For the record, the "on-disc" DLC was largely developed in the three months of free time between the rest of the game being finished and it being certified/rated/made ready for release.

      So you are willing to give up playing a game you like because of a "THIS IS MY HIGH HORSE AND I SHALL CONTINUE TO RIDE IT" attitude? Your loss pal, no one elses.

        Nothing wrong with high horses.

        I'd rather ride his high horse (wow, that sounded rude) than make excuses for what more often than not is pure and simple greed. I get it, you need to play these games and have no other choice but to submit to buying parts of the game that were removed prior to release, but can we all stop making excuses for it? Publishers simply don't need any more encouragement for this kind of thing.

      Wow, so you don't actually like games, you just like being a gamer?

        Or, and bear with me here markd, he likes playing games that aren't made by EA. Such a strange concept, not buying products by a company because you disagree with their practices.

      Do what I did, and get Mass Effect 3 from EB Games on the cheap, when they have their sales. Yes, I have to deal with Origin, but it's not too hard to fix it if you're willing to play hardball with your computer.

    Personally. I don't find much wrong with EA games. I just don't understand the hate; am I normal?

    Scenario 3 is missing the steps where you start Origin, start the game, go through the process using the in-game menus of buying points on Origin, get a failure message, go back, try again, worrying it's going to pay EA twice, get another failure message, scratch head, check bank account for any deductions, go to Origin website, put in details, notice that price for points is *higher* on their website than from in game menus, sigh loudly, put in details, go back to game, try to deduct points for item through Origin menus, get cryptic UUID code as a receipt that you promptly forget to make a note of, go back to game, get "No, we can't find anything you spent your points on" while points still get deducted.

    Feel like you put money into a slot machine and you didn't get a payout.

    I just find it hilarious you can replace EA with Activision, Blizzard, Capcom and several other developers and it'd work out exactly the same.

      examples of blizzard on disc dlc, GO

      (not a fanboy, i actually got a refund for D3 because of it's piss poor endgame, i just hate people arguing with lies)

    "scenario 4: You pirate the game, then play the game, then demand EA for a refund" XD

    Scenario 5

    Don't buy EA games...

    On disc or not, I think most of the games nowdays are planned with the cut and hold method. Obviously I have no knowledge of what alot of game companies do to make their games, but I also truly believe that DLC generally won't (or simply shouldn't) have it's own budget.

    Assassin's Creed II as an example, a story was created the "base game" shipped with 14 Sequences showing in the menus, although Sequence 12 & 13 were "corrupt", you jumped from 11 to 14... DLC was released post release for those final 2 sequences, they weren't on the disc, but clearly it was content held back from the original game design.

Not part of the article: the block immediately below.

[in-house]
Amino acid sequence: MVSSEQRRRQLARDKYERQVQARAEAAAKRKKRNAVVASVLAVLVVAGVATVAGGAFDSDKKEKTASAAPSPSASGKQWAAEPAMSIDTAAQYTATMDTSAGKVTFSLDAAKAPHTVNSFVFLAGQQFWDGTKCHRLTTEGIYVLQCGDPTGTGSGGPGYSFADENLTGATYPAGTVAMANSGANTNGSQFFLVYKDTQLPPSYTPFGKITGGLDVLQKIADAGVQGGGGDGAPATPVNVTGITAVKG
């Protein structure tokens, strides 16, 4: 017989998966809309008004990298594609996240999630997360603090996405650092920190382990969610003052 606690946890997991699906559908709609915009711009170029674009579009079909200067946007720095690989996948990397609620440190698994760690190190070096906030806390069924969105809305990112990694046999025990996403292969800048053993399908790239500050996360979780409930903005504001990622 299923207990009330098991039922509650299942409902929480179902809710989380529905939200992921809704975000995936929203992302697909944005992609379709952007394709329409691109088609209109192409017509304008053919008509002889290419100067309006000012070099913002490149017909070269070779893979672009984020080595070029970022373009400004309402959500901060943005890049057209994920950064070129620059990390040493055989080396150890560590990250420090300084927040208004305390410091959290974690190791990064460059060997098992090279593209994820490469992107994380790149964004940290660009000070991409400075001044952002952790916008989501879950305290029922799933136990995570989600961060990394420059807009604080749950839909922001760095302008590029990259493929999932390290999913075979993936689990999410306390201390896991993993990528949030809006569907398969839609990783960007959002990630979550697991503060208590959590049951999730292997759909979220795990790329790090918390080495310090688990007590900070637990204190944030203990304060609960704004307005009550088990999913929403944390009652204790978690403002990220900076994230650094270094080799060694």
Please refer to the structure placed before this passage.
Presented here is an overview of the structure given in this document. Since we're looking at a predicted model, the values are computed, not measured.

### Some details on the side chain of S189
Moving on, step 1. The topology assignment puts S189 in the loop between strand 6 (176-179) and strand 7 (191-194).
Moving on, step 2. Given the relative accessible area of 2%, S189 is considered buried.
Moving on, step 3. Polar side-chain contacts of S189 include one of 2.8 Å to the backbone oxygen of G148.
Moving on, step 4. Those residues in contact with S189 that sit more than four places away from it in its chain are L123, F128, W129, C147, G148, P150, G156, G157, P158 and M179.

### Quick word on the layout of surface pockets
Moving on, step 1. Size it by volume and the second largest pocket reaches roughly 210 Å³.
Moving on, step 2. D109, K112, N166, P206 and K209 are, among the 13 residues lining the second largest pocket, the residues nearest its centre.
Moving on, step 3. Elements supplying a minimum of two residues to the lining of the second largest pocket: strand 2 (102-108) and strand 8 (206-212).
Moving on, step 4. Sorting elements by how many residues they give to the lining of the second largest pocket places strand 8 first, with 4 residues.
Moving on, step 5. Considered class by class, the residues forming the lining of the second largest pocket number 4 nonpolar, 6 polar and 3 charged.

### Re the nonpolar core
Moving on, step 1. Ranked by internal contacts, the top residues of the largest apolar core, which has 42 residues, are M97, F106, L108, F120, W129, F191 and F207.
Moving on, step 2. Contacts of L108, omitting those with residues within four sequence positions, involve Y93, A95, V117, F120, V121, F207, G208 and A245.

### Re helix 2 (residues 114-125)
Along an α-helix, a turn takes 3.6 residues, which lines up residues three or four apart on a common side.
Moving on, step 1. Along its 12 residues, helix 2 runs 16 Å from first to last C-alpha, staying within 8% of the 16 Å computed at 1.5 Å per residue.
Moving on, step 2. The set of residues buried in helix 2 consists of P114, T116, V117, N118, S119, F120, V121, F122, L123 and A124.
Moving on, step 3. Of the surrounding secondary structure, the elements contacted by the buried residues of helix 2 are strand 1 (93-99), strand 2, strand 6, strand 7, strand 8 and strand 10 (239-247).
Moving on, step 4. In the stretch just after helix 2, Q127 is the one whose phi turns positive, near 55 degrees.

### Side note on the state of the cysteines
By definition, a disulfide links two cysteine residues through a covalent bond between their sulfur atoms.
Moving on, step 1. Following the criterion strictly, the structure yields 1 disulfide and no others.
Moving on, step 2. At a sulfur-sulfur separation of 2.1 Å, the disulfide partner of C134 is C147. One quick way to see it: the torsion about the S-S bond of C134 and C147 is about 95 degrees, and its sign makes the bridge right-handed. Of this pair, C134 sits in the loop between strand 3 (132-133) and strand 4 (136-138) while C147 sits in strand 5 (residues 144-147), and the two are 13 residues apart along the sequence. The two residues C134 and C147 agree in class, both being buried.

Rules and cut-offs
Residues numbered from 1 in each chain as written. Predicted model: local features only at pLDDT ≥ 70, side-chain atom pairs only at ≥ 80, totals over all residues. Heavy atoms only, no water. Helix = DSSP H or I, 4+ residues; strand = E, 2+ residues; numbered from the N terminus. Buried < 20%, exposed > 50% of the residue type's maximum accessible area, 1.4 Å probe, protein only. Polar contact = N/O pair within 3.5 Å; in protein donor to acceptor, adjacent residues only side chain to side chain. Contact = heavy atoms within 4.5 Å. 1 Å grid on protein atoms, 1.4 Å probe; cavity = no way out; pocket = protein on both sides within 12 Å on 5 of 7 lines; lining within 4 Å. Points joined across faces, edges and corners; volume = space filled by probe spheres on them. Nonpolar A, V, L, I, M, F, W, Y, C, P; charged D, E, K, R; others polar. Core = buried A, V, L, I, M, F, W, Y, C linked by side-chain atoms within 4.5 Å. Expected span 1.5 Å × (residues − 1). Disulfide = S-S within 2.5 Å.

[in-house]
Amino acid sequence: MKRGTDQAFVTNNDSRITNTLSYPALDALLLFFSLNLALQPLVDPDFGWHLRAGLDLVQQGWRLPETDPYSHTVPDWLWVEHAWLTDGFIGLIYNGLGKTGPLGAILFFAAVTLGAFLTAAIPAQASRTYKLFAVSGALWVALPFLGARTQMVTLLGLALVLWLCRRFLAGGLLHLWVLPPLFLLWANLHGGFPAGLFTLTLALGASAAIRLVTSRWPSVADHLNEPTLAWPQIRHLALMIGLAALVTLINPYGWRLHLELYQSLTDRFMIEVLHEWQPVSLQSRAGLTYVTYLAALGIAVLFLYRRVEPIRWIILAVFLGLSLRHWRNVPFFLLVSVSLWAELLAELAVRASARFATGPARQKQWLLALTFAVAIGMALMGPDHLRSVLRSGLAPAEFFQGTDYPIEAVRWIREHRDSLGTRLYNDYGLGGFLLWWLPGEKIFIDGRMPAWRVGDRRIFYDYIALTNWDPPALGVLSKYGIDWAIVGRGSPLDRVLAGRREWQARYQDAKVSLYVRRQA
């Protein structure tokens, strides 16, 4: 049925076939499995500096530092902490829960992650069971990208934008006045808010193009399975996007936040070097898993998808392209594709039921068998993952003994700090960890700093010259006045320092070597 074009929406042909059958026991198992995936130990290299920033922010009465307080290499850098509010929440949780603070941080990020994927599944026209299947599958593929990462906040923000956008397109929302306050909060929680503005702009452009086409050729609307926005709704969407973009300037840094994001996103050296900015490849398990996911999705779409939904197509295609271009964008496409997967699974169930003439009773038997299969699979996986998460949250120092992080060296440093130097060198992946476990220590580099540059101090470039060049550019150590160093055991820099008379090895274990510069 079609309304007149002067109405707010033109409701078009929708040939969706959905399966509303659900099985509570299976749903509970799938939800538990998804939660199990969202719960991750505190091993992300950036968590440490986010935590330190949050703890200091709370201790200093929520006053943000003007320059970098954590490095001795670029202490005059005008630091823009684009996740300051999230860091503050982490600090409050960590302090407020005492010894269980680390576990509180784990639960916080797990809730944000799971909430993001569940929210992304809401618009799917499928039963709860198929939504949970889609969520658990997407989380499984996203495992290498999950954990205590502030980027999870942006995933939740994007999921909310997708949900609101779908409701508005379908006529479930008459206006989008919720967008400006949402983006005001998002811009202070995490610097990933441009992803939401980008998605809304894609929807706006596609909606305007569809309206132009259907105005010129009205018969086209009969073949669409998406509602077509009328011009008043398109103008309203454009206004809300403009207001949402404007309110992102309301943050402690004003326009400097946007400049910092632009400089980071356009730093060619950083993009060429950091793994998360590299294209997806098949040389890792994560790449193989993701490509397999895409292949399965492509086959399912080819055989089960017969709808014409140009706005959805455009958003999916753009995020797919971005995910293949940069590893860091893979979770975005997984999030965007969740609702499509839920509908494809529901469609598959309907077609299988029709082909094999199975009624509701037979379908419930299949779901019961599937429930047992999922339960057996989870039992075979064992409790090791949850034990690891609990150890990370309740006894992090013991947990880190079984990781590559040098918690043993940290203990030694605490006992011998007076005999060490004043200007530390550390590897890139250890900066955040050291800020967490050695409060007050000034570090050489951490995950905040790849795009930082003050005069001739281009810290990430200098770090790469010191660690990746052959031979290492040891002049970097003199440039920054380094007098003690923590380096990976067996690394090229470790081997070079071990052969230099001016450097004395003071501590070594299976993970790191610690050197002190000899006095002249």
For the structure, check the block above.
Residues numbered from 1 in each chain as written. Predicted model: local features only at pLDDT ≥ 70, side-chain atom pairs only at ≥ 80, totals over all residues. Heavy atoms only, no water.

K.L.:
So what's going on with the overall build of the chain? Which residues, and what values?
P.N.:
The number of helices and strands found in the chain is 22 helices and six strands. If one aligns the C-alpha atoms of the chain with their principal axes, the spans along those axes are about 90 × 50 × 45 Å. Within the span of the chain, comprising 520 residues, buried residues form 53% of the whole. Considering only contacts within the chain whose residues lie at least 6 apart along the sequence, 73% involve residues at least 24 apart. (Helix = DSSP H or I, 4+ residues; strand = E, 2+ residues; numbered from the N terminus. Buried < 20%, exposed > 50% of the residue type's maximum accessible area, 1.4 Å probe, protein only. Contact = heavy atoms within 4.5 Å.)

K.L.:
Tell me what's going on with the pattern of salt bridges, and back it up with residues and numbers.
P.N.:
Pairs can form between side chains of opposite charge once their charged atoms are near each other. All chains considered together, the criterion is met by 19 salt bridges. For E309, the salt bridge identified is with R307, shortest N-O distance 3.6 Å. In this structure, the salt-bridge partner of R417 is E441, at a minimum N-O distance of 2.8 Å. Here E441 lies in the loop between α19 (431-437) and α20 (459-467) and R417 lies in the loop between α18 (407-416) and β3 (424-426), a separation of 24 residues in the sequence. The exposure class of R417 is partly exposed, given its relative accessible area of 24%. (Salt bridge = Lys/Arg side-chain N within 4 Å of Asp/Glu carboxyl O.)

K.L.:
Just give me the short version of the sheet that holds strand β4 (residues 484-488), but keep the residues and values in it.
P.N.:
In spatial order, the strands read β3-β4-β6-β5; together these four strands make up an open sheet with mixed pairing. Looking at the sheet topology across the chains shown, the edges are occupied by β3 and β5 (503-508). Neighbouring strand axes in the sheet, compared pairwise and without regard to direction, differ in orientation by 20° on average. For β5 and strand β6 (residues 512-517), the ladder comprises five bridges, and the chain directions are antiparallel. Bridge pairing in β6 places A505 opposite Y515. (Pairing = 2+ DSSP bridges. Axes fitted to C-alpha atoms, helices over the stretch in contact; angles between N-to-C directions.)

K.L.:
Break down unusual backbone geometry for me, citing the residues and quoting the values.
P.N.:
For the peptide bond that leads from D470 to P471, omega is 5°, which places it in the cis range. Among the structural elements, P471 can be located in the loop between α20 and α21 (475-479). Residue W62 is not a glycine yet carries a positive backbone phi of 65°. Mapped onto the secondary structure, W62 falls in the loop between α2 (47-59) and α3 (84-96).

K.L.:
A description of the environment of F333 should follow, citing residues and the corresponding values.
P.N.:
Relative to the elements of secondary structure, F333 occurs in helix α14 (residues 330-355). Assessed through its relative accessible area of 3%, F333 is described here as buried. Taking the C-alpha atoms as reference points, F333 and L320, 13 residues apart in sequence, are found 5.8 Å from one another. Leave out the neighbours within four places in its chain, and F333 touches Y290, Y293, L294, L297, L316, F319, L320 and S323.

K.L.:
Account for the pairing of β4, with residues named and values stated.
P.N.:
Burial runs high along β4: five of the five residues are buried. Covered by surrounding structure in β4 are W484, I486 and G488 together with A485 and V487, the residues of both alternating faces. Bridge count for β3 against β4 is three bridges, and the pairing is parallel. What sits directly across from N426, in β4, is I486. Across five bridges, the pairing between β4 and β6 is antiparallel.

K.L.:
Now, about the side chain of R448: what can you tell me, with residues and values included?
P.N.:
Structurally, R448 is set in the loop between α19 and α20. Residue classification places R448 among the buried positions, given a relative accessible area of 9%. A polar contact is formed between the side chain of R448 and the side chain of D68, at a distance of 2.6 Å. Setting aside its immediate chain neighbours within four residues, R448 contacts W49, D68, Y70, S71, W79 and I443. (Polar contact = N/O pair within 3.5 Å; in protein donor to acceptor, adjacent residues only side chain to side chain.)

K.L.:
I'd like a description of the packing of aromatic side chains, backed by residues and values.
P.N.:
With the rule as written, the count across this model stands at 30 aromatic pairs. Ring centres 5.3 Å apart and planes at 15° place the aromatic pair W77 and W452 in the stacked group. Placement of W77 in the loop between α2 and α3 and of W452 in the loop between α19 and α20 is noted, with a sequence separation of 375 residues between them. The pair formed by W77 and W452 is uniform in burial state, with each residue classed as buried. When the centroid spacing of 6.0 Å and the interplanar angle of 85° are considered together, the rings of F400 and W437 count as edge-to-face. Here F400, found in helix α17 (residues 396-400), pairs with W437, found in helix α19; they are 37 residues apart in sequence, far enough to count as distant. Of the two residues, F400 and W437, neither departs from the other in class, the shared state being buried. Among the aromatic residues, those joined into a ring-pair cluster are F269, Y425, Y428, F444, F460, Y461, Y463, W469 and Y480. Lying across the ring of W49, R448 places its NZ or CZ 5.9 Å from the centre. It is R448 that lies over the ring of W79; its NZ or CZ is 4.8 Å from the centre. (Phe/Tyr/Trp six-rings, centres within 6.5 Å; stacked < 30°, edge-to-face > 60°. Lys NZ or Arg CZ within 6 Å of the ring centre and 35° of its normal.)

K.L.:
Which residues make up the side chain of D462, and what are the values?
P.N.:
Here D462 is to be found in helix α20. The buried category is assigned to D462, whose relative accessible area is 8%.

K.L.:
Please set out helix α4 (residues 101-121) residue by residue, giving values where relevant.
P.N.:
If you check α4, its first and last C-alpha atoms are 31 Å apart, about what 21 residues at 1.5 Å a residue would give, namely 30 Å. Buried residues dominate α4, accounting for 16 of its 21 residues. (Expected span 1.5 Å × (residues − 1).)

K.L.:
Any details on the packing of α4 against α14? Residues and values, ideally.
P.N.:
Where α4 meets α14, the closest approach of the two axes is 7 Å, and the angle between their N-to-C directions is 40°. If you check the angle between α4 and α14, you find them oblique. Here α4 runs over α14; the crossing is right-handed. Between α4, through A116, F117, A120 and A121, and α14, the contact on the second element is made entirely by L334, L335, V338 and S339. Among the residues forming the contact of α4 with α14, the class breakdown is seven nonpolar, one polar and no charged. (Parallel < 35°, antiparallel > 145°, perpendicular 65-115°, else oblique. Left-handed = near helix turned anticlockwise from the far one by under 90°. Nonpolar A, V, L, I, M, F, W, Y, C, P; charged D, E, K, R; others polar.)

Same with SFxT, they knew there were going to develop for 48 fighters or whatever it ended up as, so if they feel as though the game was worth RRP+10% they should have just charged that in the first place, OR if they felt the game may have been overlooked because of the "higher price" they felt it was worth, then they should have reduced the roster to reduce their budget and align with the RRP and sales forecasts.

    I cant believe people still defend on disc DLC, its not about being legal its about it being ethical.

    EA is testing the waters, its not only that we have to pay to unlock its the fact that we have already seen games that are adding timed exclusives to these things.

    They are making it so if we don't live in america we don't even have the OPTION to unlock the content on the disc of the game we paid full price for because we didn't buy it from Walmart.

    Remember when Batman came out and each retailer had a different piece of DLC? The only people who got to experience everything the game had to offer were pirates. Way to make your product more attractive.

    The above Batman example shows that a large amount of companies want to live in a future where the game you buy isn't the game you get and it will lead to market fragmentation and over time dissatisfied customers.

      That's another thing that is annoying, the retailer exclusive pre-order bonuses. First of all, to companies that do this, if I like your game, then I'm likely to pre-order it and likely to also pick up from post release DLC, don't split it up, give me the customer that wants to buy your product the option to buy it all at once and get everything, we will like you more for it.

      All they do is hurt themselves when sales are lower than pre-order numbers, because there are some people (I've done this many times) pre-order the game at each store and then collect the bonus and the cancel the sale at all but one store.

      For retailers, a pre-order bonus isn't something that should be used to stop price matching, the definition is literally a bonus for pre-ordering, it's not something that is apart of the complete package, so it's not a different SKU.

      That's why they do it, to have a reason to charge the full RRP, but they also use it to entice someone to your store. However, this related back to the first point to publishers, if there was a complete package available to everyone, the end result is the customer will buy it from the store they feel comfortable with, the store shouldn't be enticing me an exclusive bonus, they should be enticing me with good customer service, so if and when there are games with no bonuses it will make me want to go back to that same store.

      It's sad, but the games industry has really become anti-consumer for the sake of profits, I'm not denying them a right to make a profit, but I believe there are far better and simpler options to encourage the customer to buy something.